The Puzzling SES Gradients in Adult Health and Mortality of a Latin American Population
Luis Rosero-Bixby, Universidad de Costa Rica
William H. Dow, University of California, Berkeley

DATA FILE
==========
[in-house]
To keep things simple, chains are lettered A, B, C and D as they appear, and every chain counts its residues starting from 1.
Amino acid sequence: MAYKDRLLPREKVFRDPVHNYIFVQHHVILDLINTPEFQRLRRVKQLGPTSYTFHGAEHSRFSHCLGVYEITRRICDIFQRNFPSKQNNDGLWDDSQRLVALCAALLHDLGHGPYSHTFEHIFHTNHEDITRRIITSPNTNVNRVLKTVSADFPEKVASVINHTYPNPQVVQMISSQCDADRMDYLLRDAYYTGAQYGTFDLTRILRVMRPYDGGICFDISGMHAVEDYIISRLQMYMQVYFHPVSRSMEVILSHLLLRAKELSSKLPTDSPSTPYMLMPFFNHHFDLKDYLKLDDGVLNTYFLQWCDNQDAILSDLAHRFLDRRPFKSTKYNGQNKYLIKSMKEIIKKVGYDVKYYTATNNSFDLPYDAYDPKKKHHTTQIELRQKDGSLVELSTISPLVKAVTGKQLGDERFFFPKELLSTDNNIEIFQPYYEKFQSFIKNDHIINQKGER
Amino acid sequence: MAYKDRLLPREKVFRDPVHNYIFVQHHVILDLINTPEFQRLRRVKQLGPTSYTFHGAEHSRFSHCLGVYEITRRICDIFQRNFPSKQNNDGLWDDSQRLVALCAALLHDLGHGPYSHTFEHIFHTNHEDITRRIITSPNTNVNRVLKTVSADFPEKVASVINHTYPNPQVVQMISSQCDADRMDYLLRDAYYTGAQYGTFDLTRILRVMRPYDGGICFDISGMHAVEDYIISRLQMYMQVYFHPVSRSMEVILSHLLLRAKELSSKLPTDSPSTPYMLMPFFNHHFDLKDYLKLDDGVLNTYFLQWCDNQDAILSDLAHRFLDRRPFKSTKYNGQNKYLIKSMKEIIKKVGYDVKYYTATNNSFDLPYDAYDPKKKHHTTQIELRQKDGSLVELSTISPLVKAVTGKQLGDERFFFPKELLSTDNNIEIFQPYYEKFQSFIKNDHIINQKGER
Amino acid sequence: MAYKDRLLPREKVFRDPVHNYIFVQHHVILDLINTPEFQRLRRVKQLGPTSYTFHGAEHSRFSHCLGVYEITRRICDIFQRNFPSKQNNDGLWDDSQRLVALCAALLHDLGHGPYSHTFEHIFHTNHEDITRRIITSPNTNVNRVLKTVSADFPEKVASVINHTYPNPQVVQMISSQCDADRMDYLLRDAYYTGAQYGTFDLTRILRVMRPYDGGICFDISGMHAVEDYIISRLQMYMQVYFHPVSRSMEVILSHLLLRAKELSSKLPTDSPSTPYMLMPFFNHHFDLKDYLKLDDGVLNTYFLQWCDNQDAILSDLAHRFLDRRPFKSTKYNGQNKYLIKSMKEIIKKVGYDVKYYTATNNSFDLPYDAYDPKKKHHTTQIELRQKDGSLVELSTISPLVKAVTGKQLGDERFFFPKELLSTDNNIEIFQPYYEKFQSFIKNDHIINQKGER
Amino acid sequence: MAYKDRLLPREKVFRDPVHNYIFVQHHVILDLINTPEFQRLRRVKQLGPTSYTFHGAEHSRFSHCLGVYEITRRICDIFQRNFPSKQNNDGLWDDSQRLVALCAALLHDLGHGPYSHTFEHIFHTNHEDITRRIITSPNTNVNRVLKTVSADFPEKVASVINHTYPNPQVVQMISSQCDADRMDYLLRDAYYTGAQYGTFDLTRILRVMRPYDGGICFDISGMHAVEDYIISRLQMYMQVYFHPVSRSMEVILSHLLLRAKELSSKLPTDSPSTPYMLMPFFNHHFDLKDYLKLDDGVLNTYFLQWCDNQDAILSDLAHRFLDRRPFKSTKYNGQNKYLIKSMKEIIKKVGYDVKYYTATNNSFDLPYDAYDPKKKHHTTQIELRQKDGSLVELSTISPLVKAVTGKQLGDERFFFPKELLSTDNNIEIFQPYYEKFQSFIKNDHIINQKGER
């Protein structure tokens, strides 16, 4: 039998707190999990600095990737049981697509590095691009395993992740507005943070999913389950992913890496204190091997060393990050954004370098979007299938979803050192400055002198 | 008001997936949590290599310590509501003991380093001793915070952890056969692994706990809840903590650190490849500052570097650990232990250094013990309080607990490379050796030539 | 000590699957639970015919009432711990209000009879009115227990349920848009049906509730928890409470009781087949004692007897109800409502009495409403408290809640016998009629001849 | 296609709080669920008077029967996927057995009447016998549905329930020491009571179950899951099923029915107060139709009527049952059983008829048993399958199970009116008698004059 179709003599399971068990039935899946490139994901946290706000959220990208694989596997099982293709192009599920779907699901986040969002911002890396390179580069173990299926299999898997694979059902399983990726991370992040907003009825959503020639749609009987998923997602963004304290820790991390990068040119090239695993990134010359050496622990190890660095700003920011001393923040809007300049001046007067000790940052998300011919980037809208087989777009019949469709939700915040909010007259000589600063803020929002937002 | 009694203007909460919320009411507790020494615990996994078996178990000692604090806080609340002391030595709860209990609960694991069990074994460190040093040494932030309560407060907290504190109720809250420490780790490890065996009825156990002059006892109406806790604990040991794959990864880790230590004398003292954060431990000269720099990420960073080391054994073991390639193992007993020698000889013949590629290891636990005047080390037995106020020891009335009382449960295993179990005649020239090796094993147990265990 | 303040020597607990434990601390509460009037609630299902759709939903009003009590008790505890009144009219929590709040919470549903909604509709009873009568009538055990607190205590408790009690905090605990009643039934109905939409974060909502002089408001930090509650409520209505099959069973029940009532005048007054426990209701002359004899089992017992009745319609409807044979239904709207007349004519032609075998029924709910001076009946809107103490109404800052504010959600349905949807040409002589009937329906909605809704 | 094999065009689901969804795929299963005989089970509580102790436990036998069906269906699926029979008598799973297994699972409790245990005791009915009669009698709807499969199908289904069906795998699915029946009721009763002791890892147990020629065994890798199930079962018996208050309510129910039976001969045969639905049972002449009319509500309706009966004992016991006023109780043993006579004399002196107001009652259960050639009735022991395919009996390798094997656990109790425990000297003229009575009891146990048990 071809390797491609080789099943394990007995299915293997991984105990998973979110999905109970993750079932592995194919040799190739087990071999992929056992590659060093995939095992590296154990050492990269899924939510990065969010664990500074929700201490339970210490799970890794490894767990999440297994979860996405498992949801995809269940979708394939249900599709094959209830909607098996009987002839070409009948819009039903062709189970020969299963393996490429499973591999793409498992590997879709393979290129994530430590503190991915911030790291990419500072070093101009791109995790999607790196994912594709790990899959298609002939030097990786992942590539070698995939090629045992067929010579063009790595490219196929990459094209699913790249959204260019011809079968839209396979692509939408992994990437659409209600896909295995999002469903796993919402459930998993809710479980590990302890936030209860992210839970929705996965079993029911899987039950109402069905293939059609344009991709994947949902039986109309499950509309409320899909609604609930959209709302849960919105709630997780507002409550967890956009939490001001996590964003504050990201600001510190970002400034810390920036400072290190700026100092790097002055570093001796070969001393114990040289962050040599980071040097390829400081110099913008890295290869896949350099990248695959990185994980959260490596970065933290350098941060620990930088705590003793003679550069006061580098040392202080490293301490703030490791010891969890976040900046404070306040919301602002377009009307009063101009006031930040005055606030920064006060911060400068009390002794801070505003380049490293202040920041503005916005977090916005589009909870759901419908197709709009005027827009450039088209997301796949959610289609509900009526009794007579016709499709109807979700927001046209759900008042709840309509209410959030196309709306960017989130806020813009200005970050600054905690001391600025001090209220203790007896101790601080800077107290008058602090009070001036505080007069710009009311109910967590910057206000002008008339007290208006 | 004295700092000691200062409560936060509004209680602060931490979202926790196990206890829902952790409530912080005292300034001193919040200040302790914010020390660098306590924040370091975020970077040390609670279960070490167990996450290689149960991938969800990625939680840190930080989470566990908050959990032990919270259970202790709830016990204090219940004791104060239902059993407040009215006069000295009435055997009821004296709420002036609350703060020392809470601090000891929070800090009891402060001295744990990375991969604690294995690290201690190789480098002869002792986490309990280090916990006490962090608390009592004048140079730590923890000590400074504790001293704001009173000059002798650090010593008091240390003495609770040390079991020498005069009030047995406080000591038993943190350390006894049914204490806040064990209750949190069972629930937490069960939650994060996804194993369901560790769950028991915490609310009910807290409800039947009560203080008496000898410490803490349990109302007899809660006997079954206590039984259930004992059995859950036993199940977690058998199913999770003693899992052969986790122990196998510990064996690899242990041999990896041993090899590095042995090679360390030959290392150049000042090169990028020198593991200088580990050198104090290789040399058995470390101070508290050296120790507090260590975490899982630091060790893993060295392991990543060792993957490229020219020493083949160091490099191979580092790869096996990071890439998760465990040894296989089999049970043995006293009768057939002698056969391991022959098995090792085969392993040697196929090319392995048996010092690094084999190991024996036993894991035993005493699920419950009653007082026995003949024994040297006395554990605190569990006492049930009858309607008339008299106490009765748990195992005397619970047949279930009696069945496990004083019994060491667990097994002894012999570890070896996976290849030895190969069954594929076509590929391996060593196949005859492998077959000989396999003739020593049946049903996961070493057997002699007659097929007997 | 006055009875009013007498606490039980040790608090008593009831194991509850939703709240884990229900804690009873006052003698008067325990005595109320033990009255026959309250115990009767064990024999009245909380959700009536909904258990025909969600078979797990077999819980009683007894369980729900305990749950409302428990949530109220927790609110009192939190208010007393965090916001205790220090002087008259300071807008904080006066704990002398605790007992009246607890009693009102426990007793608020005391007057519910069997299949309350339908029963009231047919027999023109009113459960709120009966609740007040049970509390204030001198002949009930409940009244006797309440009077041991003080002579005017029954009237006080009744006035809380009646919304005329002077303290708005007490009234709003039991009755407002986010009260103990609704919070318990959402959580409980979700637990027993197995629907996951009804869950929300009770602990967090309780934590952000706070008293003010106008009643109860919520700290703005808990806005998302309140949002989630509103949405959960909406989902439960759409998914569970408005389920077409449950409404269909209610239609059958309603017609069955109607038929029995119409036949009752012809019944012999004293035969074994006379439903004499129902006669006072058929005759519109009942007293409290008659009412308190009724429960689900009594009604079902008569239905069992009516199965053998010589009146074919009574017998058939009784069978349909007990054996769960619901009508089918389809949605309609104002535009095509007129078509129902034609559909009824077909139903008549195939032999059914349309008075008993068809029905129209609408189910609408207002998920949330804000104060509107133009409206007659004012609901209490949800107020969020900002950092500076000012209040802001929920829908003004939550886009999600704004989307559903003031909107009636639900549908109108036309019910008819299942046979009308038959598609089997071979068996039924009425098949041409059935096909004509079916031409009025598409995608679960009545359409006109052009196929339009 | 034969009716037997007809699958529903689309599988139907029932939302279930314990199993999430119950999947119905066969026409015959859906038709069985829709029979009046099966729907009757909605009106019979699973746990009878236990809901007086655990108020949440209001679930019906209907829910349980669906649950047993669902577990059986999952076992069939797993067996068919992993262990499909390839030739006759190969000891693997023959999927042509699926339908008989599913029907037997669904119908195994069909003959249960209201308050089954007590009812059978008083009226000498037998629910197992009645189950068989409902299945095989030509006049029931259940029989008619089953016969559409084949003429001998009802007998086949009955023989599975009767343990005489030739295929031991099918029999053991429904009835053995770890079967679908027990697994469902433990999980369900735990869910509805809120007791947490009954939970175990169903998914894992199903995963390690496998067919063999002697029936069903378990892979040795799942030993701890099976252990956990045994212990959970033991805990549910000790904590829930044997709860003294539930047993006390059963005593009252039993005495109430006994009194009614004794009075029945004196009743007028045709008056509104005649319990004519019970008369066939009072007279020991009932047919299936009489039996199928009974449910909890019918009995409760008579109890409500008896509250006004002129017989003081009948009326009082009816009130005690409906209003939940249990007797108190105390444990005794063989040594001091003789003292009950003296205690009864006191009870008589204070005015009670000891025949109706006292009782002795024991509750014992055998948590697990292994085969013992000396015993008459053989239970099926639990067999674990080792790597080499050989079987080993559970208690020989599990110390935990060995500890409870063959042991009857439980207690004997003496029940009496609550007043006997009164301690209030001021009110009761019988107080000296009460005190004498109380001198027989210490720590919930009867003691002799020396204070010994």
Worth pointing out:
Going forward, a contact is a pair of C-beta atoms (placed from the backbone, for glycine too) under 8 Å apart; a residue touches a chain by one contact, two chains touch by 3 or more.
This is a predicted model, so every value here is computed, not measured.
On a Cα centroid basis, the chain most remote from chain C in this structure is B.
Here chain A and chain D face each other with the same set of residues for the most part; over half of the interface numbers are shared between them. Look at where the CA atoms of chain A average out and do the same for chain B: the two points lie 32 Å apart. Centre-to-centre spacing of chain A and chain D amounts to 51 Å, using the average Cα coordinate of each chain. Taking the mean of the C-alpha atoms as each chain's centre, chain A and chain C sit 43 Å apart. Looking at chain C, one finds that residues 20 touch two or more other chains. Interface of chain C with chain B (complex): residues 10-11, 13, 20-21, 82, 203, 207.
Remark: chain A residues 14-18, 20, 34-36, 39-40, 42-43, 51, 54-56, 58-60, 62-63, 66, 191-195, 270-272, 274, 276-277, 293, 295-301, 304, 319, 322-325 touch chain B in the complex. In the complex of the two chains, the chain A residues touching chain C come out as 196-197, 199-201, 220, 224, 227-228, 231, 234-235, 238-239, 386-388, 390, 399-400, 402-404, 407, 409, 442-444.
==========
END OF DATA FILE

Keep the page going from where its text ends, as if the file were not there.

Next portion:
Vast evidence has shown that poorer health and higher mortality in children are clearly associated with lower socioeconomic status of parents everywhere. In contrast, the evidence of a SES gradient in developing country adult health is scarce and conflicting. Particularly puzzling is the fact that subjective general health status measures have been found in some studies to have much larger SES gradients than more objectively measured health indicators. This paper further investigates this paradox using data from an ongoing longitudinal study of health and survival among elderly Costa Ricans (the CRELES study). We document varying SES gradients across a rich array of health indicators including subjective health, functional status, disease conditions, objective risk factors from blood and urine samples, and mortality data. In addition, we estimate SES gradients in key mediating environmental and behavior variables in order to elucidate what hypotheses may be most promising for further research.